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Newsletter of the Human Proteome Organization

Current and past HUPOSTs are posted here for your review. Stories, highlights, news, and announcements are gladly accepted for inclusion in the HUPOST. Please submit your information to the HUPO Office at office@hupo.org.


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  • 05 Jun 2017 11:15 AM | Deleted user

    1. Human Brain Proteome Project (HBPP)

    Garcez et al. Sci Rep. 2017 Jan 23;7:40780. doi:10.1038/srep40780. Zika virus disrupts molecular fingerprinting of human neurospheres.

    Combining proteomics and mRNA transcriptional profiling, we found over 500 proteins and genes associated with the ZIKV infection in neurospheres associated to impairments in the cell cycle and neuronal differentiation. Our results point to biological mechanisms implicated in brain malformations, which could be exploited as therapeutic potential targets to mitigate it.

    2. Human Immuno-Peptidome Project (HIPP)

    Abelin JG, Keskin DB, Sarkizova S, Hartigan CR, Zhang W, Sidney J, Stevens J, Lane W, Zhang GL, Eisenhaure TM, Clauser KR, Hacohen N, Rooney MS, Carr SA, Wu CJ. (2017). Mass Spectrometry Profiling of HLA-Associated Peptidomes in Mono-allelic Cells Enables More Accurate Epitope Prediction. Immunity 46:315-326.

    HLA class I binding prediction has traditionally been based on biochemical binding experiments. Abelin and colleagues present an LC-MS/MS workflow and analytical framework that greatly accelerates gains in prediction performance. Key advances include the discovery of sequence motifs and improved quantification of the roles of gene expression and proteasomal processing.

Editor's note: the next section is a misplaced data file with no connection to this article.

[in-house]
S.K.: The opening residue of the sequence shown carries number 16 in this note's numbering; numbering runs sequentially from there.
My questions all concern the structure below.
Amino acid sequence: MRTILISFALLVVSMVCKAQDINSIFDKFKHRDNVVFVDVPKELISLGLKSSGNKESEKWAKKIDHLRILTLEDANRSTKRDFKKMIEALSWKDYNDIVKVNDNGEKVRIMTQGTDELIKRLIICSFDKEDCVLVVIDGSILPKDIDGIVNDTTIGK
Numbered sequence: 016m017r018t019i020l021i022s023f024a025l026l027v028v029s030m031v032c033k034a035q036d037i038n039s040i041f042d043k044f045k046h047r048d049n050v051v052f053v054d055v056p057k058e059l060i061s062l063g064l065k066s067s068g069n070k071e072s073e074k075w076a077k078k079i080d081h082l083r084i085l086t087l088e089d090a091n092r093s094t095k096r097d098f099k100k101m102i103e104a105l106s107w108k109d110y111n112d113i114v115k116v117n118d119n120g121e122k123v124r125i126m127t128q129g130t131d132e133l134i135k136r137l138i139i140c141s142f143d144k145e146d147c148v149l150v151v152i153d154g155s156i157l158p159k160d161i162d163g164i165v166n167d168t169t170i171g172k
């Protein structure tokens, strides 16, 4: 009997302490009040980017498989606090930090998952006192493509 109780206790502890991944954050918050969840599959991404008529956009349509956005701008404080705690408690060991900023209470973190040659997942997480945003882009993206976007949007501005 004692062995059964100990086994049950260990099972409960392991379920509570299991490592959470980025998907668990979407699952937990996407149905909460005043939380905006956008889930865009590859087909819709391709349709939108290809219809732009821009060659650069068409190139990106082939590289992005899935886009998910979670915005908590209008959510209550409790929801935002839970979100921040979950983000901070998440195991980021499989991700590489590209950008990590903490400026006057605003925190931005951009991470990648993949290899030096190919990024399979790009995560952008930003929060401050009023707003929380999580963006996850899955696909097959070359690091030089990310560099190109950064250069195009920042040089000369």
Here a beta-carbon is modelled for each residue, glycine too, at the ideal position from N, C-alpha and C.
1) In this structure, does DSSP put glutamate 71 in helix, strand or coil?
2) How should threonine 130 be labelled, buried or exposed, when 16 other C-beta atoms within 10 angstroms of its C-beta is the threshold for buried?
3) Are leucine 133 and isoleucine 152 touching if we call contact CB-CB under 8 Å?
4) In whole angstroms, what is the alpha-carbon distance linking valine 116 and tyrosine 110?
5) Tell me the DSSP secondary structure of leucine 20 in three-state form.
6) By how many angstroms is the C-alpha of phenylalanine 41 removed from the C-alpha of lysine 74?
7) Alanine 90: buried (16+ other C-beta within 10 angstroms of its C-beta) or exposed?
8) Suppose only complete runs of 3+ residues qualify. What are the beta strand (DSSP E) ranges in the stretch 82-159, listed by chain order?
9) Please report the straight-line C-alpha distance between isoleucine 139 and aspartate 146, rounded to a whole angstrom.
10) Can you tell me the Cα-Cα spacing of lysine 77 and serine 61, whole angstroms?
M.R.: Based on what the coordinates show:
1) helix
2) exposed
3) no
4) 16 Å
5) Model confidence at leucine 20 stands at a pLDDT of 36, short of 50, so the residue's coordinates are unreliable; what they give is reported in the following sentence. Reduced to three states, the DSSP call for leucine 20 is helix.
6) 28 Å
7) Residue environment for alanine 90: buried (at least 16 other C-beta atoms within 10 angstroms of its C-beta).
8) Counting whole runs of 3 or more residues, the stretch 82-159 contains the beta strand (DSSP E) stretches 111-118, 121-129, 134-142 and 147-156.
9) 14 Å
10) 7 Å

Workshop Report from 8th Workshop on Affinity Proteomics, Jochen Schwenk

    The 8th Workshop on Affinity Proteomics was held in Alpbach, Austria from March 12th-15th. The meeting brought together more than 130 attendants and recent advances in the generation and use of binding reagents. A broad range of applications were presented including expanded use of microarray and immunoassay systems, as well as mass spectrometry based assessment of antibody selectivity. A panel of researchers, reagent providers and journal editors then discussed the challenges and opportunities of the field today and how to address these for the years to come. 

    This included the need to: 

    • validate the affinity reagent in and for a specific application and sample context
    • provide transparent information about validation (e.g. accessibility to primary data)
    • collect trackable information about affinity reagent (e.g. origin, LOT and product number, clone or sequence)
    • standardise the assessment criteria and assays

    The 9th Workshop on Affinity Proteomics is planned to be held in Alpbach in two years.

    Upcoming Workshops:

  • 05 Jun 2017 11:03 AM | Anonymous member (Administrator)

    The HUPO 2017 Conference in Dublin is host to several pre-conference workshops and events on Sunday 17 September, one of which is a repeat of the acclaimed Mentoring Day (you can find a report on last year’s Mentoring Day in the B/D-HPP Newsletter). We were eager to find out more about this event, and we therefore spoke with representatives from the three organizing groups:

     HUPOST: Can you tell us something about the group you represent, and about the link between the group and the Mentoring Day?

    MD: YPIC was founded by EuPA to represent young investigators in proteomics, and to address their specific needs. We surveyed these needs, and we found that the responses meshed very well with what he Mentoring Days at previous HUPO Conferences (Vancouver 2015, and Taipei 2016) was covering. As a result, we contacted HUPO’s ECR to join them in organizing the Mentoring Day at HUPO 2017 in Dublin.